Google has been employing machine learning in its translate service since 2016 and has improved its functionality severalfold since then. But the AI-based platform looks to be spreading some old-fashioned doomsday prophecies from nothing but gibbering and a random assembling of words. Caught first by Motherboard, the algorithm used for translating is not only spitting out meaningful texts out of random words but also preaching end-of-the-world sounding passages.
Google Translate is rendering illogical words in well-scripted passages with some inputs being detectable when translating from a certain language. For example typing the word “dog” repeatedly and choosing to translate the text from Maori to English will get you a response which reads: “Doomsday Clock is three minutes at twelve We are experiencing characters and a dramatic developments in the world, which indicate that we are increasingly approaching the end times and Jesus’ return”.
Similarly, translating a varying number of “ag” from Somali to English will give you different scary passages as if quoting a religious prophecy. The sequential result of typing more and more number of “ag” will read:
While some might believe this to be a religious theme, it’s most likely a glitch involving a wrongly-fed training data to Google’s Neural machine learning system. NMT learns by comparing identical texts from different languages to create a new model from time to time.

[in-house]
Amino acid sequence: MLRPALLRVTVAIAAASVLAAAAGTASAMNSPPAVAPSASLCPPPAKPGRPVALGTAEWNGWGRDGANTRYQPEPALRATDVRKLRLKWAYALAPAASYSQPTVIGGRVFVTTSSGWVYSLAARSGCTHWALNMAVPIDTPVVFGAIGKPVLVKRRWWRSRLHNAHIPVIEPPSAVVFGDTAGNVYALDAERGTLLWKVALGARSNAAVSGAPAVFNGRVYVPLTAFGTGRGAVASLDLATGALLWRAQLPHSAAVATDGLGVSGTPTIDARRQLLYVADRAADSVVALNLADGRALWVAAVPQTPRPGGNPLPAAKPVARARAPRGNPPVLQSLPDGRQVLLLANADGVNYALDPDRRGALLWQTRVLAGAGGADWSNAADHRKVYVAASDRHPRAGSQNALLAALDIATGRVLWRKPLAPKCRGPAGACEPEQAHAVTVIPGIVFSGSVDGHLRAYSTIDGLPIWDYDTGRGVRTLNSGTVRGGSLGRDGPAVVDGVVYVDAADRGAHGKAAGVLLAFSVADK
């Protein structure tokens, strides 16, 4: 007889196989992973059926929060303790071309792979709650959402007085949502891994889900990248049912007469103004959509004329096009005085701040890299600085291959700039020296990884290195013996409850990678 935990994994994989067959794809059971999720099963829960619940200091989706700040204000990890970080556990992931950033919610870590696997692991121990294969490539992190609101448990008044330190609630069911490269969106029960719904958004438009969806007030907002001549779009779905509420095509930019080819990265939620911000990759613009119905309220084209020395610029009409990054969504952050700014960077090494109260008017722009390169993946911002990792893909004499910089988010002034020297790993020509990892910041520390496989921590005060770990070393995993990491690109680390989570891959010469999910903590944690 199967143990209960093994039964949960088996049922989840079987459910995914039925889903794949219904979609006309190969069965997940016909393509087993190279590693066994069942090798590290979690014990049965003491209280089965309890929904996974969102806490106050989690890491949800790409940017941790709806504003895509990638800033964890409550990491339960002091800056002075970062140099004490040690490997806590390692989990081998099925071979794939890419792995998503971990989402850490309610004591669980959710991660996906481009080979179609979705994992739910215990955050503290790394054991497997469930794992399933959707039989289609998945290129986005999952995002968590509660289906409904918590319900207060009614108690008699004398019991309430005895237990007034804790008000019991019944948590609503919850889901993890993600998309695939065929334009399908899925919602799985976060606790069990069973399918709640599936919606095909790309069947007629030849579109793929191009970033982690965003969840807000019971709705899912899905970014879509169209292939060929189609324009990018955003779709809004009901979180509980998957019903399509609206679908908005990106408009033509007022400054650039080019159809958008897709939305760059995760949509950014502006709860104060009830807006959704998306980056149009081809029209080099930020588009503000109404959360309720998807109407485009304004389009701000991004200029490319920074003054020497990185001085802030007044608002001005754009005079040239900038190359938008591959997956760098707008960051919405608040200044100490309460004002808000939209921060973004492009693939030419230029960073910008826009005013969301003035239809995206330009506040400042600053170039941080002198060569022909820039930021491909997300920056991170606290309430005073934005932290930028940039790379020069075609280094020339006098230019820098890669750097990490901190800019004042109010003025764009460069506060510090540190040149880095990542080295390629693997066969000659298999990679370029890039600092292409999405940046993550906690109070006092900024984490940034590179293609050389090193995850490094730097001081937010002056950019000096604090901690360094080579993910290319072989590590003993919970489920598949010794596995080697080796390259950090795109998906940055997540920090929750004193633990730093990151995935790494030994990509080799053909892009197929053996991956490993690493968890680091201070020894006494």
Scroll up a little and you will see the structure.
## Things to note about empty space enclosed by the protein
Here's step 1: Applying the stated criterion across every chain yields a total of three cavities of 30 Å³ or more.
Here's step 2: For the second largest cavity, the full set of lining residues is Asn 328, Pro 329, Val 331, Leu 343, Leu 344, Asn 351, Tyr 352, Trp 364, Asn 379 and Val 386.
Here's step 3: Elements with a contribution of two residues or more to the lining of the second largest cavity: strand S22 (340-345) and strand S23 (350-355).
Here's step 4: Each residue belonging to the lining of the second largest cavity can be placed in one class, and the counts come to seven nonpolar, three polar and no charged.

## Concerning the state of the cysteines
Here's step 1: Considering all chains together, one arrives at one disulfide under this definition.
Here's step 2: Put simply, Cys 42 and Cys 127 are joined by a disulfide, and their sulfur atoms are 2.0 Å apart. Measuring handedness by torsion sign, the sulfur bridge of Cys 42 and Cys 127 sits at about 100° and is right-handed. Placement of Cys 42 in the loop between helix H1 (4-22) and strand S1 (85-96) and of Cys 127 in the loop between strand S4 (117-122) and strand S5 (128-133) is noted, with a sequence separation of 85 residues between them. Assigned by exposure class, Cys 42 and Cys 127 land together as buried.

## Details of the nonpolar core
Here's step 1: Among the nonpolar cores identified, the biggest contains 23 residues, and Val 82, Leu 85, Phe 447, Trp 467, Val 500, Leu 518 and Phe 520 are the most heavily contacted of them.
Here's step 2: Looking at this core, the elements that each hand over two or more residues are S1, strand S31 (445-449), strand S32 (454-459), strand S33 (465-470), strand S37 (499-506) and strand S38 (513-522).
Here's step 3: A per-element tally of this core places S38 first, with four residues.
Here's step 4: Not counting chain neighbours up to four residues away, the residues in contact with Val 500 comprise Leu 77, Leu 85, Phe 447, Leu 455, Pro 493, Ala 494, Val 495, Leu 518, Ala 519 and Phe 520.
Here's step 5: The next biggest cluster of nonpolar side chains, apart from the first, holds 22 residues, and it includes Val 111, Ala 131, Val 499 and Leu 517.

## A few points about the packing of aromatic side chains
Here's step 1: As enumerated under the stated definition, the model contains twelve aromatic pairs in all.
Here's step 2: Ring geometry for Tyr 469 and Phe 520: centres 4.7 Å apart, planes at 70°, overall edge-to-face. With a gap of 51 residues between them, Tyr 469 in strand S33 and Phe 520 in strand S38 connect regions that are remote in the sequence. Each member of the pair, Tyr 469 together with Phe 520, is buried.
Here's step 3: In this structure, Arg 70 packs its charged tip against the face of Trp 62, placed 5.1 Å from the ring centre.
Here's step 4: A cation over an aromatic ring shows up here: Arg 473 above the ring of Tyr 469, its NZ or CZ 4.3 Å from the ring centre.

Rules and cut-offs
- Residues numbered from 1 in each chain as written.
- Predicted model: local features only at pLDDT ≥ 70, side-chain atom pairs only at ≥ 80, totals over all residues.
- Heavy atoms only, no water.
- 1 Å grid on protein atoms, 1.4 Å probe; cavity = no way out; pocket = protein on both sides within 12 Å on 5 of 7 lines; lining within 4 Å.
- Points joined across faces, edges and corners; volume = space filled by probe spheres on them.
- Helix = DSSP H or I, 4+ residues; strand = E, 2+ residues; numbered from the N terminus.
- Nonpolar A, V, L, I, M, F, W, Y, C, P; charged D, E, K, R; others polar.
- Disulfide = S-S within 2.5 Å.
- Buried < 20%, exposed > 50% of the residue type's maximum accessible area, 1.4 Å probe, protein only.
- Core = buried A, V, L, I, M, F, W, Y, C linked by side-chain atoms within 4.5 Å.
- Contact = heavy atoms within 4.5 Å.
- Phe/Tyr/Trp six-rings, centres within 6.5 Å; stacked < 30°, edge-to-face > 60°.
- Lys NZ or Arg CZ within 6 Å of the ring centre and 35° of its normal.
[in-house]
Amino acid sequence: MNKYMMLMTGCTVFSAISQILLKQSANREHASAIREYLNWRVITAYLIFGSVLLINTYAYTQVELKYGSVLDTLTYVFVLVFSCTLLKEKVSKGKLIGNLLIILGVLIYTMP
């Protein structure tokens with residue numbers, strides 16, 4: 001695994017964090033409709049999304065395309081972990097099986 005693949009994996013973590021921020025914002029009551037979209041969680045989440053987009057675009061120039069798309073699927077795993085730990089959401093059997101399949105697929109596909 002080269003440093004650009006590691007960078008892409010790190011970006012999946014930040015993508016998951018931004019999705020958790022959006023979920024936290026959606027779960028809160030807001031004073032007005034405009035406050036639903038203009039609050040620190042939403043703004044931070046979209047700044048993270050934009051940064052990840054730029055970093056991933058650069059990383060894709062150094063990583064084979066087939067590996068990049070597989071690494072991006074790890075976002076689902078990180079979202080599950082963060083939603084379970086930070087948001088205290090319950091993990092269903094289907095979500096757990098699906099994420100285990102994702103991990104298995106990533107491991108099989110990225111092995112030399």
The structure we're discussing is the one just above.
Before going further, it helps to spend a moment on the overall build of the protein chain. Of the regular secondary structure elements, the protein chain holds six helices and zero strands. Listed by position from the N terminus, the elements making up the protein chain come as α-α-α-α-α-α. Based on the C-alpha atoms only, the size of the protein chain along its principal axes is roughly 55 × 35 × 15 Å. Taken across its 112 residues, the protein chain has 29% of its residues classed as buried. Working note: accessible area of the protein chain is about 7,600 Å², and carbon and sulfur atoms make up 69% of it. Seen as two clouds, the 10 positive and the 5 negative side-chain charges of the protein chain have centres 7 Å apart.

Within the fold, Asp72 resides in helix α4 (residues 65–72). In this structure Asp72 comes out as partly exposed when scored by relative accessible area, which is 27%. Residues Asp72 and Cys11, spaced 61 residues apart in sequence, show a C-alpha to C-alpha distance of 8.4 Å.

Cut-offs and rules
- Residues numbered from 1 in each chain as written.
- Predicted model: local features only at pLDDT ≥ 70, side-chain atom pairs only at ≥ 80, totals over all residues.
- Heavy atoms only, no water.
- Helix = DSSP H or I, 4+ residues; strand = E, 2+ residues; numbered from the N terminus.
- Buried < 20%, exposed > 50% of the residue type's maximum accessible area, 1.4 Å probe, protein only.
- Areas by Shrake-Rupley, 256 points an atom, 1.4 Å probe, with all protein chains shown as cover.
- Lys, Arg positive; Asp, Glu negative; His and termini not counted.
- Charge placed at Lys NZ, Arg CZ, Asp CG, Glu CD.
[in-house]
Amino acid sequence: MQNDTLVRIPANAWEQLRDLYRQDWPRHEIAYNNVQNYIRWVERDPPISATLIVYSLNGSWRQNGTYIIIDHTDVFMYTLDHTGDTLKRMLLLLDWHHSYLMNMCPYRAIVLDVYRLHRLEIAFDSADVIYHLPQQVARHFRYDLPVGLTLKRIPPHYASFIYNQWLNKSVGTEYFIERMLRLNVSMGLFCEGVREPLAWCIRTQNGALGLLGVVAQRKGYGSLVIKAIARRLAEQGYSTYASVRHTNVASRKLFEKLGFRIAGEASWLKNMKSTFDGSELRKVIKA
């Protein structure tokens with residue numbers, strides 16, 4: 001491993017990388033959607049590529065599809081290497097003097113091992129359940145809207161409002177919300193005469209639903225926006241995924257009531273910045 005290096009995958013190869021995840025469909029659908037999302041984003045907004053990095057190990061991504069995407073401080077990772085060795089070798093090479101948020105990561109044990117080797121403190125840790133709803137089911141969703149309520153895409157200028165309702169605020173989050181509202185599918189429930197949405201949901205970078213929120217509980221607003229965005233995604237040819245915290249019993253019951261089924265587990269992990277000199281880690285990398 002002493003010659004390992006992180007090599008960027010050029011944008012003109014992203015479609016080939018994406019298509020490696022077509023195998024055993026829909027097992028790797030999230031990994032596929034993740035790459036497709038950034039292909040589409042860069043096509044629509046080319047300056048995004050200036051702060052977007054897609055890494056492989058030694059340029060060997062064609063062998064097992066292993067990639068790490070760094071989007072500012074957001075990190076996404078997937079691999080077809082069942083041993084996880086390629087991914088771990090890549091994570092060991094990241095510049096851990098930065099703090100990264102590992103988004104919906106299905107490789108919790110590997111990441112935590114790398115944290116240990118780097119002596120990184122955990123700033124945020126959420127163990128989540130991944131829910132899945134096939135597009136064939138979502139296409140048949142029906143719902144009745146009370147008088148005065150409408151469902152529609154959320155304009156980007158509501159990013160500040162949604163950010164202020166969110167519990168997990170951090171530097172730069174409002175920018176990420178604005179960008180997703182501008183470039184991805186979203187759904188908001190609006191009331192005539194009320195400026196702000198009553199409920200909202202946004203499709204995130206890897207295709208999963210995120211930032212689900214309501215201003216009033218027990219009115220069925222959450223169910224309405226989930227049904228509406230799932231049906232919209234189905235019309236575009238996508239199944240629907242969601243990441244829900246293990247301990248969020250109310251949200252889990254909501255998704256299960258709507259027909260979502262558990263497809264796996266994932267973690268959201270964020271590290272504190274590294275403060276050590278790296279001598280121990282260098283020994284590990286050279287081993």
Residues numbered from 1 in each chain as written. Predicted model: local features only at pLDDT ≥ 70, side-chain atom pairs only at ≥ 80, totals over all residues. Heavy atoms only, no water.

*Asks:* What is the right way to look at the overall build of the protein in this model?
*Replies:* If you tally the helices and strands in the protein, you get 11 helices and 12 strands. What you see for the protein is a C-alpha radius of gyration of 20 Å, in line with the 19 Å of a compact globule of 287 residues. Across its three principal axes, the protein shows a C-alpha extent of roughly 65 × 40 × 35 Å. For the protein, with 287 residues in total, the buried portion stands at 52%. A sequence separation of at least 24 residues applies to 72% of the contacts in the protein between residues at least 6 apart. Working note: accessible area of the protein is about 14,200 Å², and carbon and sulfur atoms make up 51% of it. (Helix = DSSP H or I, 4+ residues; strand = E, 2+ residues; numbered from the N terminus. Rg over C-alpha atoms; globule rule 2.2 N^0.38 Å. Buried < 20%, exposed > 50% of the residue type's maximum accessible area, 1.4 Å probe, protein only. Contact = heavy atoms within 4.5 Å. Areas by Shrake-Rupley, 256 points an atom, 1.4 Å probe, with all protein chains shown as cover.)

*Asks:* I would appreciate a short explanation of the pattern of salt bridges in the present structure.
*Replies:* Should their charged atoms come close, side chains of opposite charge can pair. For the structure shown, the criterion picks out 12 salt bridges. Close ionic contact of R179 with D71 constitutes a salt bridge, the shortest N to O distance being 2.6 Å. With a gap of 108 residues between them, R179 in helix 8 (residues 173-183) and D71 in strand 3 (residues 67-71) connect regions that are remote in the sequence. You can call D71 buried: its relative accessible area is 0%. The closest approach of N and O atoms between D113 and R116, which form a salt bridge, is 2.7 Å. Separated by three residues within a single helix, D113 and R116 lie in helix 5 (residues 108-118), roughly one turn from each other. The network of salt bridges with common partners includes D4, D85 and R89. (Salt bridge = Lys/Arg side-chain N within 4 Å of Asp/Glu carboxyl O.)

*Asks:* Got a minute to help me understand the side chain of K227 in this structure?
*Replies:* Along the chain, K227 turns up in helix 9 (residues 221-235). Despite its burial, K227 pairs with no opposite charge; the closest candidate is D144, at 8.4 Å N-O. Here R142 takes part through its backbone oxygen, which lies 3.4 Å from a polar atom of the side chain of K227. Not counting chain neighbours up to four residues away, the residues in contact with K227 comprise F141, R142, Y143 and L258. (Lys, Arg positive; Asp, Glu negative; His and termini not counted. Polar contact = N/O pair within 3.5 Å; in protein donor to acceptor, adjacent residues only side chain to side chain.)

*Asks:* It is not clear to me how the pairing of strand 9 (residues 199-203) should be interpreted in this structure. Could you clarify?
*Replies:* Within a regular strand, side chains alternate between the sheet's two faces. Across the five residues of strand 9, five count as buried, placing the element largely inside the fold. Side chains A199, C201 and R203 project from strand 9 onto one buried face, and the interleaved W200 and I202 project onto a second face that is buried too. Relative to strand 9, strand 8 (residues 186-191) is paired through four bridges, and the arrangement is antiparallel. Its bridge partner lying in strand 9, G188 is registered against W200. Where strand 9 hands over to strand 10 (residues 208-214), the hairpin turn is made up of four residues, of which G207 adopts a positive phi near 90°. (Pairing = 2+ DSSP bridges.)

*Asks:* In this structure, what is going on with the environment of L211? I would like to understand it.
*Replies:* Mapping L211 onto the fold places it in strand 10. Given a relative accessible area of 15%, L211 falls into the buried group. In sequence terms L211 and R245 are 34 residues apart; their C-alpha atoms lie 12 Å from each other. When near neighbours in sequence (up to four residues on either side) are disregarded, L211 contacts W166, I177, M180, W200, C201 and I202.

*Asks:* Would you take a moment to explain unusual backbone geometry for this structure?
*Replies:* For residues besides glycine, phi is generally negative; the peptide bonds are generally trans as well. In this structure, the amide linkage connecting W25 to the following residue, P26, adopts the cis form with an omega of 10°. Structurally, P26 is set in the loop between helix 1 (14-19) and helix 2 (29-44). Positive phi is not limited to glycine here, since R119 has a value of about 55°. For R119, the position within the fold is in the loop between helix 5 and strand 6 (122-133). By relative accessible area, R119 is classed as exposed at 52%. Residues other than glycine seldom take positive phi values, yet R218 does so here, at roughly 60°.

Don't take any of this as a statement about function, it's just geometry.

A Google spokesperson replied to Motherboard saying “Google Translate learns from examples of translations on the web and does not use ‘private messages’ to carry out translations, nor would the system even have access to that content. This is simply a function of inputting nonsense into the system, to which nonsense is generated”.
Experts beige that religious texts might be a possible source of training data for Google to employ machine learning. When the Mountain View giant was exercising the initial versions of machine translation, it’s reported to have used UN’s documents for skilful translations. It’s speculated that the latest batch of NMT might have employed the Bible since it is indeed the most selling book ever and have been translated into many languages. Thus it only makes sense for religiously themed responses from less known languages.